Irene’s String Theory States: A string (rope, cord, hose, wire etc.) after usage and storage, will invariably entangle itself.
Observation: While no one ever intentionally entangles anything, we spend untold hours over a lifetime untangling and unknotting messy arrays.
I’ve found that if you put any string-like object in a drawer or box you are just asking for trouble. It could be a string of Christmas lights, a ball of twine, rubber bands, it doesn’t matter one twit. No matter how carefully you pack it away, over time it will entangle itself into a veritable Gordian’s knot.
Last year when it was time for Christmas decorations to be packed away, I decided to use that as an opportunity to prove Irene’s String Theory.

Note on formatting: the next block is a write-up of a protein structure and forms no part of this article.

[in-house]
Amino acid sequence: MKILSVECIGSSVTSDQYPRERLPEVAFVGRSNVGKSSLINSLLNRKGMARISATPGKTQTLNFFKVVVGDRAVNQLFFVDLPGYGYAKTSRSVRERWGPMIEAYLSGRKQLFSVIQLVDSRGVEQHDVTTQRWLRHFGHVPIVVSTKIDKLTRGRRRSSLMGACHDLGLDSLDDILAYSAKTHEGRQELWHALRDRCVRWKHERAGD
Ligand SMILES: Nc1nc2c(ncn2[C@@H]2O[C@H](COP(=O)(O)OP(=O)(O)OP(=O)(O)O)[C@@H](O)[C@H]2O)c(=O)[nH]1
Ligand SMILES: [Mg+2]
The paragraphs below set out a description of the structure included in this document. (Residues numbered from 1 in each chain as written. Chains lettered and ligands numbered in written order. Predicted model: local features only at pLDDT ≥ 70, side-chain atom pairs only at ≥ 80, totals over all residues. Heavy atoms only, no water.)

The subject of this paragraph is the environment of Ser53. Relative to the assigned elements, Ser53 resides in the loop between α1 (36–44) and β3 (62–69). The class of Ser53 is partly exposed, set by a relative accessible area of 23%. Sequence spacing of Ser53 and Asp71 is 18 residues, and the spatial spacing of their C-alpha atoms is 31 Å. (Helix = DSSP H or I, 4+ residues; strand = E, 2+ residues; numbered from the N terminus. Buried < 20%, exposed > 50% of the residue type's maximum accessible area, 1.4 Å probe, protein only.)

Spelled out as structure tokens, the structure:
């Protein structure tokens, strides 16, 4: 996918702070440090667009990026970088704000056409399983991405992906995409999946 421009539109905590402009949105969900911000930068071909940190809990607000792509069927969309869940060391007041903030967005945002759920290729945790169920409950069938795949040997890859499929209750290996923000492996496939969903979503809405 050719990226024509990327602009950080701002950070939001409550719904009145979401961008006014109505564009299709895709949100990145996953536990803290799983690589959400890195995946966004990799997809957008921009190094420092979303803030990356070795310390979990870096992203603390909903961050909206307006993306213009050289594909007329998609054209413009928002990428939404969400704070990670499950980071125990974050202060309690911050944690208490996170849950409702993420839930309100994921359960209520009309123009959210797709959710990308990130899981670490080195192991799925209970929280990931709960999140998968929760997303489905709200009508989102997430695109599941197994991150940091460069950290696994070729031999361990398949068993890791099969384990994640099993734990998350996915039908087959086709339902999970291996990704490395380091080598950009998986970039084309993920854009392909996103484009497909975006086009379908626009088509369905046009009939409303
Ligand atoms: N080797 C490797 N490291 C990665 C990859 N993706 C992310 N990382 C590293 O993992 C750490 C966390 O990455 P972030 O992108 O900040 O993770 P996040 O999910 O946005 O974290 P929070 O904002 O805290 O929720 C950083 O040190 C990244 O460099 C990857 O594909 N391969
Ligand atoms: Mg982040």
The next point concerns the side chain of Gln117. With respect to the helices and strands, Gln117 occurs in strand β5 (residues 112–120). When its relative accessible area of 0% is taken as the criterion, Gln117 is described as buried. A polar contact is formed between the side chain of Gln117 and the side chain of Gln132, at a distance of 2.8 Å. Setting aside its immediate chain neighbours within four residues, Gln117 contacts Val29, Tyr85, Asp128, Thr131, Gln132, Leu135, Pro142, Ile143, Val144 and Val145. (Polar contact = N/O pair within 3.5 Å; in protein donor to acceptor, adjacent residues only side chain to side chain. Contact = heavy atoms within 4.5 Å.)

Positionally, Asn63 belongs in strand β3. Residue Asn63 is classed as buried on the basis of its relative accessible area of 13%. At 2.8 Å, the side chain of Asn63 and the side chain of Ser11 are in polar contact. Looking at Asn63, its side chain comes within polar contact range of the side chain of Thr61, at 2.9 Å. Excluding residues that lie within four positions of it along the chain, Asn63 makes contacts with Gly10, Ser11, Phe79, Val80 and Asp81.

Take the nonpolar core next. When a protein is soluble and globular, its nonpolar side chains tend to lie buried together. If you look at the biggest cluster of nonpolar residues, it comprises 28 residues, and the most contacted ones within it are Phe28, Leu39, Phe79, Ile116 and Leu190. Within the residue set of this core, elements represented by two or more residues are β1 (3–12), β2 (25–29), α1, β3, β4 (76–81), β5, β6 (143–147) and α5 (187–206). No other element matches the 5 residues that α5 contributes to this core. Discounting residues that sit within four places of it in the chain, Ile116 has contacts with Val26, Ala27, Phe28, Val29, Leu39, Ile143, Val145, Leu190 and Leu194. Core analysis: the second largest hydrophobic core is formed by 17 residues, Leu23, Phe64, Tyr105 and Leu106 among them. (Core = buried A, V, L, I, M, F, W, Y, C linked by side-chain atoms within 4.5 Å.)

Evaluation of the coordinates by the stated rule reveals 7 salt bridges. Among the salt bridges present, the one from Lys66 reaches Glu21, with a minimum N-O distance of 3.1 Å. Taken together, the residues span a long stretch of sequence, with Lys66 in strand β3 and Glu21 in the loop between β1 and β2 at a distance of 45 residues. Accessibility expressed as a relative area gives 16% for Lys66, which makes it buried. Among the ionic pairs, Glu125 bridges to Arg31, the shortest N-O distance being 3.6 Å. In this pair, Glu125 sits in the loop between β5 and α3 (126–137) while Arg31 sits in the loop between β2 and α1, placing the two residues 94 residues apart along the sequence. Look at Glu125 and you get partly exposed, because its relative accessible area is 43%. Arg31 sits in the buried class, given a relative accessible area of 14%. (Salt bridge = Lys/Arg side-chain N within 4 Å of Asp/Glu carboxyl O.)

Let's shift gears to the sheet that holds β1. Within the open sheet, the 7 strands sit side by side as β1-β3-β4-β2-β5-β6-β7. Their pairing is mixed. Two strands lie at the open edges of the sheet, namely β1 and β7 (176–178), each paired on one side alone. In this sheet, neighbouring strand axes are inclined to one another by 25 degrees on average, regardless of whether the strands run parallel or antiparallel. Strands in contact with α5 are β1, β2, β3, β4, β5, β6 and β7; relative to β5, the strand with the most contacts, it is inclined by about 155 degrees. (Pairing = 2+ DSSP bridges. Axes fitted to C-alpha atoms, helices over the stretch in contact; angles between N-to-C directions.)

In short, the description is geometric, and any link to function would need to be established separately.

I arranged the strings of lights into neat little rolls, laying them side-by-side in a cardboard box. Then I took a snapshot to prove how carefully I had packed them away (figure 1). This year, when I opened the box (figure 2), it was a sight to behold. The strands of lights seemed to have been engaged in a feverish orgy, the way they were entangled with one-another.
I could go on and on. Carefully tied shoe laces that mysteriously knot themselves. Necklaces that have an affinity for entanglement in hair. All of us fall victim to the phenomena explained by Irene’s String Theory. While I accept the physical reasons for “string entanglement,” the actual observed results is astonishingly frequent, beyond what I would expect.
Share your own humorous experiences that support Irene’s String Theory and I will post them on this website.
Click here for The Mechanics of Entanglement